by Huw Thomas, chairman, Welsh Motoring Writers
THE XC40 took the European Car of the Year Award for 2018 despite competition from Alfa Romeo, BMW and Audi. It was Volvo’s first outright win although the XC90 was runner up in 2016 and Volvo came 3rd in 2013 and 1983.
Its recent success reflects the shift from solid, spacious saloons and estates to more “on-trend” SUVs and “crossovers”. The saloons and estates have become sleek and stylish but over half of all Volvos made are SUVs and they are the core product now.
Unlike the large S90 (saloon), V90 (estate), XC90 (SUV) and upper-medium S, V and XC60 the lower-medium XC40 is based on a CMA (Compact) platform which will carry an S40 and V40 before long. A ‘clean sheet’ project it is pitched at a more ‘youthful’ audience. As with the 90/60 series XC comes first in the range roll- out.
Although Volvo’s engine line-up is narrower with less of an emphasis on the sort of dynamic prowess served up by Mercedes, BMW or Audi for example, its approach majors on security, ‘cool-clean’ interior design, comfort and a relaxed driving experience. The XC40’s front has the Volvo look but it’s not a ‘down-sized’ XC60.
Although predominantly an on-road vehicle, the XC40 is more than a ‘jacked-up hatchback’. All- Wheel Drive versions predominate and even the sportier suspension (up-rated springs, anti-roll bars and rear shock absorbers) of an R-Design variant does not reduce ground clearance. Drive Mode selection is a standard feature and its ‘Off Road’ setting, apart from optimising the car’s electronics for off-tarmac use, activates Hill Descent Control while cutting off the engine’s start- stop device.
Once back on-road Drive Mode offers ‘Eco’, ‘Dynamic’ with ‘Comfort’ as the default setting. In R-Design guise the ride is firmer than with standard models but not uncomfortable. If pressing on there’s some body roll (lean) when cornering but grip is all there. The steering is light and there’s a tendency to apply a bit too much on entering a corner although it’s easily corrected.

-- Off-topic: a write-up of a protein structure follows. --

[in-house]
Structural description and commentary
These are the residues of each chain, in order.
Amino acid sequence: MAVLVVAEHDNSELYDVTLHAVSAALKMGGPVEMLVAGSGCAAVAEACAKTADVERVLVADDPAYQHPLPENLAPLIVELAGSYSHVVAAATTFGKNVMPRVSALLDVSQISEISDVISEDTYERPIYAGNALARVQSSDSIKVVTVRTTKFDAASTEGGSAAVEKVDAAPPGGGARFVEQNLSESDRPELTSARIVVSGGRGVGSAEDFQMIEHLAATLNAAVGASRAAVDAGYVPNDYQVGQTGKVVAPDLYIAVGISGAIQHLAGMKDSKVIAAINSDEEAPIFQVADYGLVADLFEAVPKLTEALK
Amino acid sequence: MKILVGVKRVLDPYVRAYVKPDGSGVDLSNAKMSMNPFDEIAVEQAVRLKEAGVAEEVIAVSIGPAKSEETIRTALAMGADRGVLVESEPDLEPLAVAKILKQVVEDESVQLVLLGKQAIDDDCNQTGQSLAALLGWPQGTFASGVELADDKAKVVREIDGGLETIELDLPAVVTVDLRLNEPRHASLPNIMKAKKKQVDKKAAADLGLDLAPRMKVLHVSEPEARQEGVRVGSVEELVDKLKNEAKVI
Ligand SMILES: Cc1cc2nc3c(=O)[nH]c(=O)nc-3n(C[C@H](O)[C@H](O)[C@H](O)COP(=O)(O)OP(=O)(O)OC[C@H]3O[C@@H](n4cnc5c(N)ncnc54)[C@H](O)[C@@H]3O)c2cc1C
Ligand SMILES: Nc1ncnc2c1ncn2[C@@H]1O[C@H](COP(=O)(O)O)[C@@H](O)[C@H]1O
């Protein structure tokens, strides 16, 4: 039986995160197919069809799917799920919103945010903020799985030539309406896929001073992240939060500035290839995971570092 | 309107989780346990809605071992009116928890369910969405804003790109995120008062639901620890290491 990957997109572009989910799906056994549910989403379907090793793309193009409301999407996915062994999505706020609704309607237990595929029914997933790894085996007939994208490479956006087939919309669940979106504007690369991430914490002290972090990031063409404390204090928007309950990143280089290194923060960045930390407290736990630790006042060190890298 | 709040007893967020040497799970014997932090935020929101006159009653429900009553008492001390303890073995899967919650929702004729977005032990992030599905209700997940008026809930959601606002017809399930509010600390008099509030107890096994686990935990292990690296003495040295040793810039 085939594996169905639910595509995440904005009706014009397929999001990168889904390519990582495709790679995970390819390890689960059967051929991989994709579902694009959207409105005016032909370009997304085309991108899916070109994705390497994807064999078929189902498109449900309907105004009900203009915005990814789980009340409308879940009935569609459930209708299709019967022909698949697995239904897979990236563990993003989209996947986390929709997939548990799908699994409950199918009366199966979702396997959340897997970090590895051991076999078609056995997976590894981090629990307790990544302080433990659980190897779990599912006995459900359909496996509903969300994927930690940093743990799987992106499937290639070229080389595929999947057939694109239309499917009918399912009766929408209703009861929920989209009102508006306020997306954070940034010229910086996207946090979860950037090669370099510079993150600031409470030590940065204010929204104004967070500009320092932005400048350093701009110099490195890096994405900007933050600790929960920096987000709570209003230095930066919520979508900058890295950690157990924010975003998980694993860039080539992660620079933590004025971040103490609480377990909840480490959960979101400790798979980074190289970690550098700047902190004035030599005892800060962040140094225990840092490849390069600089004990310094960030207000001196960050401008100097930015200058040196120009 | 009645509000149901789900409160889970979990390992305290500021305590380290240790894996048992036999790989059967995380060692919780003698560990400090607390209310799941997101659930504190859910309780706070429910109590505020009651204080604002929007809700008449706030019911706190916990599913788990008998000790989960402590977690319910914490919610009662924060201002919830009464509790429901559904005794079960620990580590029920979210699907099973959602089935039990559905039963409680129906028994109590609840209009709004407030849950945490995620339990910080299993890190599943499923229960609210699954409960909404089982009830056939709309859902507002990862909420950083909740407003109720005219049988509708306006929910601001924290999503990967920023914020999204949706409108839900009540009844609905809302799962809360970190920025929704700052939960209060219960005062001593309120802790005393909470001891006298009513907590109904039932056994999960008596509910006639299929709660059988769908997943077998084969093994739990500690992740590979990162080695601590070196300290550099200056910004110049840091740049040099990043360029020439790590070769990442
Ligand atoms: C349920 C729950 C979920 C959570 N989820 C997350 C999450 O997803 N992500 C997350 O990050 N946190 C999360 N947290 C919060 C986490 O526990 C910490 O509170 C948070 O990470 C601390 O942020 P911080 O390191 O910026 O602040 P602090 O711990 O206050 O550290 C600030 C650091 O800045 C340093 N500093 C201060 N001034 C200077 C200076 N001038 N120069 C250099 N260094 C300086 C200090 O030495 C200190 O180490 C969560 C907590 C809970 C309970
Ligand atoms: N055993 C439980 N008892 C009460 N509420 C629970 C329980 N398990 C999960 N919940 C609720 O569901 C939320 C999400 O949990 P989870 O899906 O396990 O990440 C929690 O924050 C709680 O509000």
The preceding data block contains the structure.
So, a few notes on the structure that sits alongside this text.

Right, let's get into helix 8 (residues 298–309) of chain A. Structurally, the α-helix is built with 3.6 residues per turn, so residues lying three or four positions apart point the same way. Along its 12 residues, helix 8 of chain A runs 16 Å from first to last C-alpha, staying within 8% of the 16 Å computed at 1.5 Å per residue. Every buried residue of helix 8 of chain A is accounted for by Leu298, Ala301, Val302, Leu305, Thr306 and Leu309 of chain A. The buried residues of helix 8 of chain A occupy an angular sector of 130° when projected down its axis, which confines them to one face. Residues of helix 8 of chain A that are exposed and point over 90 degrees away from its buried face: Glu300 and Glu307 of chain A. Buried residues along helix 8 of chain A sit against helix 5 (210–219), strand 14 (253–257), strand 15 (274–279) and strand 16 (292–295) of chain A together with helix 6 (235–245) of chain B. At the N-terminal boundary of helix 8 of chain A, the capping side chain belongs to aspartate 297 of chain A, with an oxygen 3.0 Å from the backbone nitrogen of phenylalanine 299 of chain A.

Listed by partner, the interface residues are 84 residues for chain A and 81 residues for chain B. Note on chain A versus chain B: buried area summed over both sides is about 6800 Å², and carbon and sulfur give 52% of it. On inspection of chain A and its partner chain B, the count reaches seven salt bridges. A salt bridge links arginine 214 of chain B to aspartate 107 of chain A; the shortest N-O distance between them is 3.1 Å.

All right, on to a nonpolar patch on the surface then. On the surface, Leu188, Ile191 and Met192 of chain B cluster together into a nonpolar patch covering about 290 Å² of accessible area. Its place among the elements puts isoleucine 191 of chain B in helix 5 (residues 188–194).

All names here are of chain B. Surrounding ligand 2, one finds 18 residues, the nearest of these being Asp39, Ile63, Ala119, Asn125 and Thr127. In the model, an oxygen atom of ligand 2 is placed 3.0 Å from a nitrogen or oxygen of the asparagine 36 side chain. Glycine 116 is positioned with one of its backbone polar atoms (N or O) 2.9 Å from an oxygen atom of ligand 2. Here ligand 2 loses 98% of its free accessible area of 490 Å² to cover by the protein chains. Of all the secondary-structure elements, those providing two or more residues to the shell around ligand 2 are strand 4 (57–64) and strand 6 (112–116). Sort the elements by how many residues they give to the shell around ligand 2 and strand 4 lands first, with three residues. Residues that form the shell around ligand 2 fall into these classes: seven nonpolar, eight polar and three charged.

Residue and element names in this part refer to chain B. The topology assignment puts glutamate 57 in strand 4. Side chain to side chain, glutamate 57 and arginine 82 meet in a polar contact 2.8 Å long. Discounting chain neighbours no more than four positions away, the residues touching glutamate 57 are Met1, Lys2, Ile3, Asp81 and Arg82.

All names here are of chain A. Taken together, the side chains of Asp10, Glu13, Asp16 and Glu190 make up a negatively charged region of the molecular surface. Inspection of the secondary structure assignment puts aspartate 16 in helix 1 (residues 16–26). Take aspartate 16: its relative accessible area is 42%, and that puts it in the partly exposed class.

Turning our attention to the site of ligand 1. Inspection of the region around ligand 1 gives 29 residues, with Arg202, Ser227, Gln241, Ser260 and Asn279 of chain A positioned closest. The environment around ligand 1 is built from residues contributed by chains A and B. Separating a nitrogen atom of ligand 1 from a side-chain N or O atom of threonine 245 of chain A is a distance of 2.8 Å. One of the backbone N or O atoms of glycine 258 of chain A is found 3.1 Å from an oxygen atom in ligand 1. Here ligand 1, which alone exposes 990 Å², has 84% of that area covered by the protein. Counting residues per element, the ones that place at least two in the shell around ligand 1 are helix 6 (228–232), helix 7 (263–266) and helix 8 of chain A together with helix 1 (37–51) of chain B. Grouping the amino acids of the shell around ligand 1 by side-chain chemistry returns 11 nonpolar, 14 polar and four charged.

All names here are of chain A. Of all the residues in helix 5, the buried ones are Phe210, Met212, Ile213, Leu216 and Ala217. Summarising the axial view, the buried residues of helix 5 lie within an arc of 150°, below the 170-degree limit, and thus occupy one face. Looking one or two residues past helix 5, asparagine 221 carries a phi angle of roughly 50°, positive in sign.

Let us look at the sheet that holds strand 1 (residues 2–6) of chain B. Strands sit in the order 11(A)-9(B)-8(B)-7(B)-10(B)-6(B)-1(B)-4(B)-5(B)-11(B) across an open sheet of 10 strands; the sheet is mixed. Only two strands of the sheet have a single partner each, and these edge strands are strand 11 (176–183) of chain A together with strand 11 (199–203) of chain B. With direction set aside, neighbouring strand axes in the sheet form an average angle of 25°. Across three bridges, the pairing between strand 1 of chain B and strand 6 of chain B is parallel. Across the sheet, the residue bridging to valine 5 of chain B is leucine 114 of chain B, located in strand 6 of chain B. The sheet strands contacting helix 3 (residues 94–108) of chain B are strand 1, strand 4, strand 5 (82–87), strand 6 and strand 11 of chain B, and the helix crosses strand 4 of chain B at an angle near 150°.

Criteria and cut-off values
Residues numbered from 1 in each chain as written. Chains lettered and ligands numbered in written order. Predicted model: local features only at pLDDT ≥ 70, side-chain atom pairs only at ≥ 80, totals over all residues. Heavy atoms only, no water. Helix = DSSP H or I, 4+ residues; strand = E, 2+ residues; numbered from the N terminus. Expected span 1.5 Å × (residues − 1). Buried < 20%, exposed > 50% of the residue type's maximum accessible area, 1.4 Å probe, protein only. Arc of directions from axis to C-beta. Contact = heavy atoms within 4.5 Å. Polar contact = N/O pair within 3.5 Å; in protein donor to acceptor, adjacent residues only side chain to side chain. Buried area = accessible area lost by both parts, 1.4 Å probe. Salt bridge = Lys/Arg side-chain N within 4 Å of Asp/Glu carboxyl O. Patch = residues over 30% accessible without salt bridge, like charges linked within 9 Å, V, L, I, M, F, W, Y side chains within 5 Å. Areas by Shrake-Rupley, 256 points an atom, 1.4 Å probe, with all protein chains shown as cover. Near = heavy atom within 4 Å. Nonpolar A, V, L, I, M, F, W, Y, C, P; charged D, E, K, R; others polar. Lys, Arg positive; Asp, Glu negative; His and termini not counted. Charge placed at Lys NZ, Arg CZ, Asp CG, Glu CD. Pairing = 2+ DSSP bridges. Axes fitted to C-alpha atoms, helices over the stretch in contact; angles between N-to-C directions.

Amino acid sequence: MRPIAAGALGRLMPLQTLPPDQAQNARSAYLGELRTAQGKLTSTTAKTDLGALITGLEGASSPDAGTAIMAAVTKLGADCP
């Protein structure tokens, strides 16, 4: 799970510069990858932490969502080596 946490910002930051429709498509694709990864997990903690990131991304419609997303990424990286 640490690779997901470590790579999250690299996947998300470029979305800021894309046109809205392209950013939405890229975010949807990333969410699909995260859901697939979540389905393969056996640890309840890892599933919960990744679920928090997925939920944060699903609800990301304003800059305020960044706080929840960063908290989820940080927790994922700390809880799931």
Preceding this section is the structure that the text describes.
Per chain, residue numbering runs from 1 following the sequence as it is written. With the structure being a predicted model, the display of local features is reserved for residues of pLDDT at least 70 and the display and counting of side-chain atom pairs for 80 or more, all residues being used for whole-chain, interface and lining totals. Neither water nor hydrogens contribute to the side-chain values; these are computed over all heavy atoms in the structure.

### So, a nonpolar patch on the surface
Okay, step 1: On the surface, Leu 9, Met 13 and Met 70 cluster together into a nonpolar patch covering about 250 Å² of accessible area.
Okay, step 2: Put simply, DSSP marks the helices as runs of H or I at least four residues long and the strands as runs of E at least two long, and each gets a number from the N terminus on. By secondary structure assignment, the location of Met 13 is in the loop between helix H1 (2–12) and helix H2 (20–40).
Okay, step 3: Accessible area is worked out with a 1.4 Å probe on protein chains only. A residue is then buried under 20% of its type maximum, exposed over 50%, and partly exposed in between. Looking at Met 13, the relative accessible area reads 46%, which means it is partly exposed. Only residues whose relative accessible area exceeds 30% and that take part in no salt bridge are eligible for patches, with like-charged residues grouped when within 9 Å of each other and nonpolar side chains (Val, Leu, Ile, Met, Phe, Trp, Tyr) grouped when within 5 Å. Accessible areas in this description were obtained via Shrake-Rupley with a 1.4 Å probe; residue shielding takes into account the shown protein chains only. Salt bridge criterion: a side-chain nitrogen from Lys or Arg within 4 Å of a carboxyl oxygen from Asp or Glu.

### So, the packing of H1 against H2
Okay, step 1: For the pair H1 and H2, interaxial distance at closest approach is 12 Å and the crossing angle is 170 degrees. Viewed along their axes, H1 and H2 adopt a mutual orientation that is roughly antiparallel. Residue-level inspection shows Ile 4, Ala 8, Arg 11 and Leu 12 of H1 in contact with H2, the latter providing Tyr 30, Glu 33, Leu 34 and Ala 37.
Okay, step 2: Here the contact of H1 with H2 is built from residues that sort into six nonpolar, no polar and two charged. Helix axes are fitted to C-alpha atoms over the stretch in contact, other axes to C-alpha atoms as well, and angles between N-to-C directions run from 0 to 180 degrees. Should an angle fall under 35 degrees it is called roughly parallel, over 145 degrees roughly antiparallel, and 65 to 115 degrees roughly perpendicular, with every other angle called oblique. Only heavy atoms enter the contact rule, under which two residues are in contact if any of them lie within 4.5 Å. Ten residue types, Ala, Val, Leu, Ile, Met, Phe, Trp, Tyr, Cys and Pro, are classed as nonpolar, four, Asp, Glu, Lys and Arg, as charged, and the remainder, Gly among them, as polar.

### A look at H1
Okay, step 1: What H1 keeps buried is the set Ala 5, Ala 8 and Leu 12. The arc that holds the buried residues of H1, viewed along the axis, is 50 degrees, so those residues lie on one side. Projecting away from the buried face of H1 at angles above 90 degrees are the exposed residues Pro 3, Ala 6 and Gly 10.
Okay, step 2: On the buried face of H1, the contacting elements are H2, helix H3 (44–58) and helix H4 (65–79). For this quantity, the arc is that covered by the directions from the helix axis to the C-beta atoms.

‘Dynamic’ reduces the steering’s power assistance and, although usefully weightier, it’s only marginally more communicative. Otherwise it sharpens up the dynamic character of the car (acceleration, braking, etc.) and again cuts off the stop/start.
Volvo’s Sensus Sat-Nav via a 9” centrally mounted portrait-style touchscreen is another standard fitment. Connectivity, ‘On-Call’ and voice-activation are here as is ‘City Safety’ emergency auto-braking, lane departure deterrence and run-off road protection. As ever there’s a long list of extras.
Again, too many functions have been swept into the touchscreen. The only buttons left are for basic audio controls, Drive Mode, windscreen/back window electric heating and emergency indicators. A multi-function steering wheel looks after cruise control, etc. Lights and indicators are operated by column-mounted stalks. Having to go
‘into’ the screen merely to adjust air-con settings for instance can be distracting.
Smaller 3-cylinder engines are on the way but the current petrol and Diesel line-up adopts the larger-cars’ 2.0-litre, 4-cyl units with outputs varied via turbo-charging or (later) petrol-electric hybridisation. The XC40’s regular model range is supplemented by two “limited allocation” First Edition variants to mark the launch. These are based on the high-spec R-Design Pro AWD 8-speed auto with D4 190ps Diesel or T5 247 ps petrol engines and have additional equipment packs: £39,305/£40,055.